The shifting balance of littoral predator-prey interaction in regimes of hydrodynamic stress
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Above lowshore levels of wave-beaten rocky shores, desiccation from tidal exposure and hydrodynamics stresses from wave action are thought to create refuges from predation, allowing concentrations of sedentary prey such as mussel beds. Underwater time-lapse photography on rocky shores in Southern California revealed that dense aggregations of spiny lobsters prey on mussels during nocturnal high tides. In contradiction of the refuge hypothesis, the densest aggregations occurred on midshore levels of the most wave-exposed site, a semi-protected site showed intermediate densities, and a protected site showed only sparse numbers of lobsters. On wave-beaten shores, the lobsters' high mobility and rapid prey handling allowed them to exploit intertidal prey in the brief period at extreme high tide, when both desiccation and hydrodynamic stresses were at a minimum. The spatial differences in lobster densities were, however, positively related to the recruitment rates of juvenile mussels, the preferred prey. A field experiment demonstrated that predation by lobsters within a mussel bed affects the age/size structure of the bed without changing primary percent coverage. Therefore, concentrations of adult prey on some wave-swept sites appear to result from elevated rates of prey recruitment that surpass rates of predation, rather than absolute refuges from predation.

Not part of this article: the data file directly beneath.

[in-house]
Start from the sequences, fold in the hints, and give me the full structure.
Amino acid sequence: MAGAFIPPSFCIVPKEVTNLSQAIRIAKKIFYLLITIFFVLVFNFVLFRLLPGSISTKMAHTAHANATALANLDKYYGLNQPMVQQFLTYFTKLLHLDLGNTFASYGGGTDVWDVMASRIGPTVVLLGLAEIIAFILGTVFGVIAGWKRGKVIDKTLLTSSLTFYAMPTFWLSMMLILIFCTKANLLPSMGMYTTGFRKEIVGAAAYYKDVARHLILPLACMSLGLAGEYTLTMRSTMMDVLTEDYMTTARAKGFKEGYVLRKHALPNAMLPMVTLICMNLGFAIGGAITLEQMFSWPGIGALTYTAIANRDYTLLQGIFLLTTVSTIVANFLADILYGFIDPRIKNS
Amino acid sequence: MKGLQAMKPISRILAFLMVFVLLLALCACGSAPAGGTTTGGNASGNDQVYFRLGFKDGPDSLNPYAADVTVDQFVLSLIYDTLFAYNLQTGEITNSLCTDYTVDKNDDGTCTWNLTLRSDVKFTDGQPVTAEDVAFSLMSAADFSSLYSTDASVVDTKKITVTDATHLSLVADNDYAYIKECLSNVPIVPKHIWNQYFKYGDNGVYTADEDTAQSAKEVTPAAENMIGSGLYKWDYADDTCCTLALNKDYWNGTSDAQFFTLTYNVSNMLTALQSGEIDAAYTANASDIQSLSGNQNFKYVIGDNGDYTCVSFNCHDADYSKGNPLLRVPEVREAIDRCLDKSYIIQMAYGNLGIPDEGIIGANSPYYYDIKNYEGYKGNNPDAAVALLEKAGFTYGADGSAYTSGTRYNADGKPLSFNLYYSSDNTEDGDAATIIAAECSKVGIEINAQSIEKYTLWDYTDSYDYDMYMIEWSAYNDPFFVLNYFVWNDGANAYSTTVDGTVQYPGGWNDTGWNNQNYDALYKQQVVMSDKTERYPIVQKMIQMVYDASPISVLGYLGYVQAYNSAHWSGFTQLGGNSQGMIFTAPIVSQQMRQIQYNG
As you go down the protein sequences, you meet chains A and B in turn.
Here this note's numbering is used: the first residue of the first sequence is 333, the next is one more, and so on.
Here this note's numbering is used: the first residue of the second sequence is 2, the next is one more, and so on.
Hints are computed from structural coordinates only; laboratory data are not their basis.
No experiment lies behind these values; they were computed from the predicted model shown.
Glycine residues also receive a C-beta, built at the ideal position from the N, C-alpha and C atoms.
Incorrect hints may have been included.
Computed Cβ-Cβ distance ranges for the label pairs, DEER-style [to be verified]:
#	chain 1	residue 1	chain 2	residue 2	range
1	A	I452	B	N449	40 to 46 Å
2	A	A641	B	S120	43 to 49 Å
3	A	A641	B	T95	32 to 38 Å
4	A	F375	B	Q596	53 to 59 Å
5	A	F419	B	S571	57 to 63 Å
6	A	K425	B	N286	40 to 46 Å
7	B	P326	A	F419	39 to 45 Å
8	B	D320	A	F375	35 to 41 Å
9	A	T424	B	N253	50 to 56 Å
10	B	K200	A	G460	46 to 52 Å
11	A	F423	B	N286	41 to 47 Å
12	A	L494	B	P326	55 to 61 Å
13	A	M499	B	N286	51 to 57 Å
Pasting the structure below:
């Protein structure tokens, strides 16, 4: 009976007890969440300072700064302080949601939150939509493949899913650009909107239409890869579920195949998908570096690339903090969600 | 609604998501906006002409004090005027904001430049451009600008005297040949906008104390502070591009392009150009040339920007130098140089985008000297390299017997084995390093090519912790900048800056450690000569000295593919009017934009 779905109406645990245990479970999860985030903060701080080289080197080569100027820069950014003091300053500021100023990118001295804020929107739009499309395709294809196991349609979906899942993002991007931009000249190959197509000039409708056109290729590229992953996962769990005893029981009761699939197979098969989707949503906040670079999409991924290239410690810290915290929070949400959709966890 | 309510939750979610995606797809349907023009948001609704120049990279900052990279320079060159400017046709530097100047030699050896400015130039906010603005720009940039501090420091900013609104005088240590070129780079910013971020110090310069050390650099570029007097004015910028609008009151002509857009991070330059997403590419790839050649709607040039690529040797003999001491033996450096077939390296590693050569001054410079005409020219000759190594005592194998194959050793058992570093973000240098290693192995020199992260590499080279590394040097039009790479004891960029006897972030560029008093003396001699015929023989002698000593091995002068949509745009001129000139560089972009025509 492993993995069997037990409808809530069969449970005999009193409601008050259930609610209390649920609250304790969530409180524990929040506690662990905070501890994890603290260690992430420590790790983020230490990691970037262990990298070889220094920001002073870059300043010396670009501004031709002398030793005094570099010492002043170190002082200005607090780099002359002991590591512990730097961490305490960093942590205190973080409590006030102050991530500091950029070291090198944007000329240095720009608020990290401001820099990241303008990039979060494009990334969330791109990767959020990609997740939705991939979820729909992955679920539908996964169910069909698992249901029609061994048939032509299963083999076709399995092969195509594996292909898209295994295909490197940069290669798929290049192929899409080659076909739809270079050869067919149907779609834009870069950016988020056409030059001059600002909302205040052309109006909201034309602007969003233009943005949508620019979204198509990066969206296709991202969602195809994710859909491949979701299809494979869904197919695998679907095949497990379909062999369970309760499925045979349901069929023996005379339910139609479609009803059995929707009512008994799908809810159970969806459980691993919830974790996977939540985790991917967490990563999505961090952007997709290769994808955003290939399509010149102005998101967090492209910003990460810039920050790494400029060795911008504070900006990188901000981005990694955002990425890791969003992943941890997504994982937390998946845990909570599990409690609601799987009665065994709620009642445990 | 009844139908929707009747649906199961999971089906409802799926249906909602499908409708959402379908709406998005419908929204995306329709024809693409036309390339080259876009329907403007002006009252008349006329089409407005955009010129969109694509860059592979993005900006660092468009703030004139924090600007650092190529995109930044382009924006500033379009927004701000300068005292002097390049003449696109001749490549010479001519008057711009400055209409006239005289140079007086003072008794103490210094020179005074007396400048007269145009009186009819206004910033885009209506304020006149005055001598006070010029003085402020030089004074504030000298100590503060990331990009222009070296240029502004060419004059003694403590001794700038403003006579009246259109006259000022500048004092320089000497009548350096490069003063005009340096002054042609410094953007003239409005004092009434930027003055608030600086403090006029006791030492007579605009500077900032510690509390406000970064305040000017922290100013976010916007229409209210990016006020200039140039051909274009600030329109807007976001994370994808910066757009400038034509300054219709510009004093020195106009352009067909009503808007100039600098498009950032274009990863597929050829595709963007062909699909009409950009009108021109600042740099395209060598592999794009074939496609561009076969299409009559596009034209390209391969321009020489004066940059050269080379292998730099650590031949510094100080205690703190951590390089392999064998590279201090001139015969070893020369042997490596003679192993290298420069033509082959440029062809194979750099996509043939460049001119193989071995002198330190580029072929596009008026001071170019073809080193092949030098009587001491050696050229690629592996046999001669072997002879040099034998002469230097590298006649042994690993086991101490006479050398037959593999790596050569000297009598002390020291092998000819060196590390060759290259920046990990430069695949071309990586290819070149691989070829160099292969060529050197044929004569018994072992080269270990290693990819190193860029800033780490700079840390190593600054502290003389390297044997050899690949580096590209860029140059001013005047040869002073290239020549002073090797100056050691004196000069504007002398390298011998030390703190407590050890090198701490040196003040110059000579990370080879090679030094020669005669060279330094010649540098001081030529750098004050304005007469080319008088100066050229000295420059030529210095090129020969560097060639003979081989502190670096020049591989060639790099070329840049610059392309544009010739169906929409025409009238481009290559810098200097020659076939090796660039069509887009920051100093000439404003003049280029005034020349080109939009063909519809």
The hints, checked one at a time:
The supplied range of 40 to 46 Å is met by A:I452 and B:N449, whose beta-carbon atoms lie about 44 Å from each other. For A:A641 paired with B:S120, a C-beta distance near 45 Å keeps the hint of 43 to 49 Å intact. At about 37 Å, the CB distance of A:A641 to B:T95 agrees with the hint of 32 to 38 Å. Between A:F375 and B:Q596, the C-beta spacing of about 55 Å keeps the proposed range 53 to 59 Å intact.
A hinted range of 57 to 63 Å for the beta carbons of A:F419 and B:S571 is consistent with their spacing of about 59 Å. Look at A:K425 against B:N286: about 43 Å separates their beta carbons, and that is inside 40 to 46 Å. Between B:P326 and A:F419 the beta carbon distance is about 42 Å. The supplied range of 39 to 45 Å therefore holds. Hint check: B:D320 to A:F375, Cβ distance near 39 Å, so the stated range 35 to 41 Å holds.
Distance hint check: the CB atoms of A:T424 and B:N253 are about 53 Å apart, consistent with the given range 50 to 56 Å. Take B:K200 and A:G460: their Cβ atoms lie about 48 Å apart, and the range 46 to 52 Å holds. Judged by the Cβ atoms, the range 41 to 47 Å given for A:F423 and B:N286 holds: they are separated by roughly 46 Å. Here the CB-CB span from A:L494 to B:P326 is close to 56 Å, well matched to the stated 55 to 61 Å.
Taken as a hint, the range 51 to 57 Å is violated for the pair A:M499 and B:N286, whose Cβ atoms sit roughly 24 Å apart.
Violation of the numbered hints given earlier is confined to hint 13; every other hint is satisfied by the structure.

KeywordsMytilus Predation Recruitment Refugia Hydrodynamic stress
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